Every expression, developing, coming to hand.

Fire withers and consumes such fears

That mortal minds build to be grand.

However barren it may to one appear,

This is arrival in a fertile land

Watered not by rain, a hemisphere,

A world created by the makers minds and

Offered only accidentally to those who hear.

This is the agricultural dream of melodies,

Enter in and here retrieve

Any pieces you have lost along the way.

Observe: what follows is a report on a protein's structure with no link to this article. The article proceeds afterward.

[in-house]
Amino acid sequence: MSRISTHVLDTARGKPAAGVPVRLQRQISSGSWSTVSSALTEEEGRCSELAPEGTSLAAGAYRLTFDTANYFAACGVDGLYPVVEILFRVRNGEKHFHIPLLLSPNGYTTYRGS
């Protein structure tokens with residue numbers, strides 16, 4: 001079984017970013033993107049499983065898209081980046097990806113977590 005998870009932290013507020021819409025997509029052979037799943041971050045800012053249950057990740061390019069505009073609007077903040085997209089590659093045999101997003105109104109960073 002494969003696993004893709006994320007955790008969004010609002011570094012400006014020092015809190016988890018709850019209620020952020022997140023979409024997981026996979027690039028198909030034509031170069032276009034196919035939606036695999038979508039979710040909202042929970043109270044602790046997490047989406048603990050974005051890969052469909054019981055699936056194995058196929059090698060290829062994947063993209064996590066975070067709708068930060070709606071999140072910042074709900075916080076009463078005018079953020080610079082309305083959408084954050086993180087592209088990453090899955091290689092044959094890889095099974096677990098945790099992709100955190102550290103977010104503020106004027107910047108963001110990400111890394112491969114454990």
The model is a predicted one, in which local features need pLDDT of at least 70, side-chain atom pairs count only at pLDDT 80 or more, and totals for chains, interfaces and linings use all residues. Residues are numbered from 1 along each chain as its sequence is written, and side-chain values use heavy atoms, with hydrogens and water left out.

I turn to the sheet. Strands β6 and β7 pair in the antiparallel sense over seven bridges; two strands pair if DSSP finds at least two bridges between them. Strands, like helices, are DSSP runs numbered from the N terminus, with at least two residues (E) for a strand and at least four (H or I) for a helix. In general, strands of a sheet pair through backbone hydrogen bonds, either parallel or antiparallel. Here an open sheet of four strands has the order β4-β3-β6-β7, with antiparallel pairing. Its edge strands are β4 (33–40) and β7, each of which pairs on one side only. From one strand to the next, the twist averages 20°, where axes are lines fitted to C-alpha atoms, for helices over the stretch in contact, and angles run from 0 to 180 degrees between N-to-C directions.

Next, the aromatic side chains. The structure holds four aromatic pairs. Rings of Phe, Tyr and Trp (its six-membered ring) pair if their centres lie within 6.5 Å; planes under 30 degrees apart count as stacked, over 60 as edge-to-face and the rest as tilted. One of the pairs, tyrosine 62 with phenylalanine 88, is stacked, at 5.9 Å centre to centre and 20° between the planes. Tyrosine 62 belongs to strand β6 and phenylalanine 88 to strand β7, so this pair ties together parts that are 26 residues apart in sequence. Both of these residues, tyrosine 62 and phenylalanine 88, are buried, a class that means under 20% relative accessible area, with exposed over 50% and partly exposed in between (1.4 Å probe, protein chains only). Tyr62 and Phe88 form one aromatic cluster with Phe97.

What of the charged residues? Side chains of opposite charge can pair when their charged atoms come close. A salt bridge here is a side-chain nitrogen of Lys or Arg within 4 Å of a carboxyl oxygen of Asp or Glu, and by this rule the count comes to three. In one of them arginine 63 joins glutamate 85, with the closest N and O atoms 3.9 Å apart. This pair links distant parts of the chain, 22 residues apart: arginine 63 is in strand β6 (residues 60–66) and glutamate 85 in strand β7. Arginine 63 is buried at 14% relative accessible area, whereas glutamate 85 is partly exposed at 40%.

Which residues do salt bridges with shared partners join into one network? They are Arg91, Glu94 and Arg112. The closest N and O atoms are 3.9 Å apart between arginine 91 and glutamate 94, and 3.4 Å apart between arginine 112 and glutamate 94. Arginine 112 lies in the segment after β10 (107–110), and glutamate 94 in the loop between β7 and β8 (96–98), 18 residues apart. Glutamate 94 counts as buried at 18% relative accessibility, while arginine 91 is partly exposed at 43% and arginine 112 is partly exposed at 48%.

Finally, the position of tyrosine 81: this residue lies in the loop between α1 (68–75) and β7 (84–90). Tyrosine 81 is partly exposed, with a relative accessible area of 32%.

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The memorabilia in my mind does not end there. Other bits and pieces roll around like the tumbleweeds you see in the desert and I’m looking around at them to see which I should capture to offer up next.